Young advocates know the importance of using social media to keep up with friends, colleagues, and clients, and many use social media to develop new contacts to develop possible new business. However, two recent cases remind us how important it is to be careful when posting to social-media accounts.
In the first case, a partner at a large law firm was sanctioned for tweeting photos of evidence while observing a federal trial. He was ordered to donate $5,000 to the Chicago Bar Foundation, attend a continuing legal education program on ethics in social media, and donate at least 50 hours of pro bono work. In the second case, the U.S. Government Accountability Office found that the U.S. Environmental Protection Agency (EPA) violated federal propaganda and anti-lobbying laws when the EPA used its social-media accounts to promote and lobby in favor a proposed clean-water statute.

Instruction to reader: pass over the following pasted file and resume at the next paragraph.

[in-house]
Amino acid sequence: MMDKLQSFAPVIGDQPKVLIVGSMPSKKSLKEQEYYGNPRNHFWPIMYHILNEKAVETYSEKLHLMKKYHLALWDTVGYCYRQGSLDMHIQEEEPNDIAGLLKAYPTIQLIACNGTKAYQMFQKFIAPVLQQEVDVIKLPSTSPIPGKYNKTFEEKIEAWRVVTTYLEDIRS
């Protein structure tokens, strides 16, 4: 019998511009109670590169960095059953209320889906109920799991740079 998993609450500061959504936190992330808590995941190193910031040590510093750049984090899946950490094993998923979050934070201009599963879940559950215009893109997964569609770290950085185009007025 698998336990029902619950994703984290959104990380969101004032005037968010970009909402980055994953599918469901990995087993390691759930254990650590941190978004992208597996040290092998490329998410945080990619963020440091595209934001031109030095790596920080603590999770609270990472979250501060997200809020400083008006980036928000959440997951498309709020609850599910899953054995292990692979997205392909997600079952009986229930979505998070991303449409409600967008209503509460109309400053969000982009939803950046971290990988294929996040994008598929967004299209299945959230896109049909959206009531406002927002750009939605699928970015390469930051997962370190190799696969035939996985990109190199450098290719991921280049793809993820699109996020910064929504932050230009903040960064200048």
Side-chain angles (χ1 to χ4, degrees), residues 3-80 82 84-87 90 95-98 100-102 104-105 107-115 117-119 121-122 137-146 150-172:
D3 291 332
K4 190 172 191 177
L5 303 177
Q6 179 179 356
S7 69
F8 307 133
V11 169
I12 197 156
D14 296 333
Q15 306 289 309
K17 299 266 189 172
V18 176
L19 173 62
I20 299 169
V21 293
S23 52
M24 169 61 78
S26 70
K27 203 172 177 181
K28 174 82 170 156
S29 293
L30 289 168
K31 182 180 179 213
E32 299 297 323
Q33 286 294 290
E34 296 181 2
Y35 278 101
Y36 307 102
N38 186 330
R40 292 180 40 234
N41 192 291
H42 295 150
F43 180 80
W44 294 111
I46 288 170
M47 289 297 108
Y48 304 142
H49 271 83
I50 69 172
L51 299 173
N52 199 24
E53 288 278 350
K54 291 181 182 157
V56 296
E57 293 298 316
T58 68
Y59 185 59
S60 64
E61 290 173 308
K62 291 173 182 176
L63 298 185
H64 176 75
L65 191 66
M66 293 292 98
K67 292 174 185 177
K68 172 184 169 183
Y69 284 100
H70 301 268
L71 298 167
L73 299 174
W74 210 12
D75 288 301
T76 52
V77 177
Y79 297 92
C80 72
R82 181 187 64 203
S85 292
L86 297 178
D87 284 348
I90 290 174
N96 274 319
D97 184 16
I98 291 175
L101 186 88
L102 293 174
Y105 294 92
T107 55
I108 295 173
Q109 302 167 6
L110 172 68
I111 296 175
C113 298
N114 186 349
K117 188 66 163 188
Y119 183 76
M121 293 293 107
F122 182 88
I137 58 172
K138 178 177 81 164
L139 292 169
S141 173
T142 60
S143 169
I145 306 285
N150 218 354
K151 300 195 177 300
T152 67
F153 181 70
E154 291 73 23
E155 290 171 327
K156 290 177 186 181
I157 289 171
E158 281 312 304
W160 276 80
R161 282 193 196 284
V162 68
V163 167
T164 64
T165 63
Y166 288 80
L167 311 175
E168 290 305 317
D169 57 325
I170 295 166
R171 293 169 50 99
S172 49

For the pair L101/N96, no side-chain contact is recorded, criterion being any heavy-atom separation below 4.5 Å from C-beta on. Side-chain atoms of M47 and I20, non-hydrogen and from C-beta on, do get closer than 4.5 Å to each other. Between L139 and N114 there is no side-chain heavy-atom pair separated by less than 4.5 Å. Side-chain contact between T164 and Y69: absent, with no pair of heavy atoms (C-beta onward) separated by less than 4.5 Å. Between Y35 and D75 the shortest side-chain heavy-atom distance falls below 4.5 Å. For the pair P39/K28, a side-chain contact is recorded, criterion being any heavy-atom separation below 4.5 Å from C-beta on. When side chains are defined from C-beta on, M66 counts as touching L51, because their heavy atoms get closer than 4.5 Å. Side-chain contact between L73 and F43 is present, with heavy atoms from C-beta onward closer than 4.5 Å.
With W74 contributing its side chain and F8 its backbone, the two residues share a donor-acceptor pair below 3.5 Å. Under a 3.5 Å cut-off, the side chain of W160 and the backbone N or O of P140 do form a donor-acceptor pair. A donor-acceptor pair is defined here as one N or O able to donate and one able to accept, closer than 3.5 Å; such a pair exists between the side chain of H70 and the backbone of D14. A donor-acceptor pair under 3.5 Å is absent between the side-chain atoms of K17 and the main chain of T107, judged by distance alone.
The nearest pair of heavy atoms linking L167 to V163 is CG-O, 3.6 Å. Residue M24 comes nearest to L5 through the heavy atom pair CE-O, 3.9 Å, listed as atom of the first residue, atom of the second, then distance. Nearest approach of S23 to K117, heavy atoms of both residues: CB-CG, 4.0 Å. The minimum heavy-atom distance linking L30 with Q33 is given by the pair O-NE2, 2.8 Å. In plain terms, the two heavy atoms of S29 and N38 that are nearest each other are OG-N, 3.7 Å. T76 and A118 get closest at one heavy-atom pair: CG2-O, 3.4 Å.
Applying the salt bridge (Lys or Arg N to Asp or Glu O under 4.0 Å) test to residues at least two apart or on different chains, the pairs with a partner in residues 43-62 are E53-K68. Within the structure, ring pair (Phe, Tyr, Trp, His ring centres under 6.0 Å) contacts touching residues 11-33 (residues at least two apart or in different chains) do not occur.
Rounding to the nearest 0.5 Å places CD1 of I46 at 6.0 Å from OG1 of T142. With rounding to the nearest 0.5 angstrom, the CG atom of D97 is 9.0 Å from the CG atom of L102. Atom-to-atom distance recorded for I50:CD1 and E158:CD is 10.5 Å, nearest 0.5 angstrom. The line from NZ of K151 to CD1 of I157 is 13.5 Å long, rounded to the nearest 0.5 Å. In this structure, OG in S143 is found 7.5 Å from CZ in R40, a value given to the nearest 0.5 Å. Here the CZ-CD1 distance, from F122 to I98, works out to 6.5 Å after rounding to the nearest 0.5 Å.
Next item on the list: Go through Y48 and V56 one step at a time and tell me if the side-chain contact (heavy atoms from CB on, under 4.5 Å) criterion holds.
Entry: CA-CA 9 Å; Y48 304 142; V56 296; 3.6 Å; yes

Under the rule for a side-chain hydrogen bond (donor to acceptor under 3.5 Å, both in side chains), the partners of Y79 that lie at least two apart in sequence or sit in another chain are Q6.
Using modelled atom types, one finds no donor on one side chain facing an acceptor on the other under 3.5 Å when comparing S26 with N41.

The import of these cases is clear: Social media is not a tool where “anything goes.” When preparing content, make sure it is appropriate for global consumption and consistent with the norms and laws of your jurisdiction. Although mistakes are made even by social media experts (see Gary Vaynerchuk’s video show being shut down by security at Rockefeller Center), remember to think before you post.
Dave Scriven-Young is with Peckar & Abramson, P.C. in Chicago, Illinois.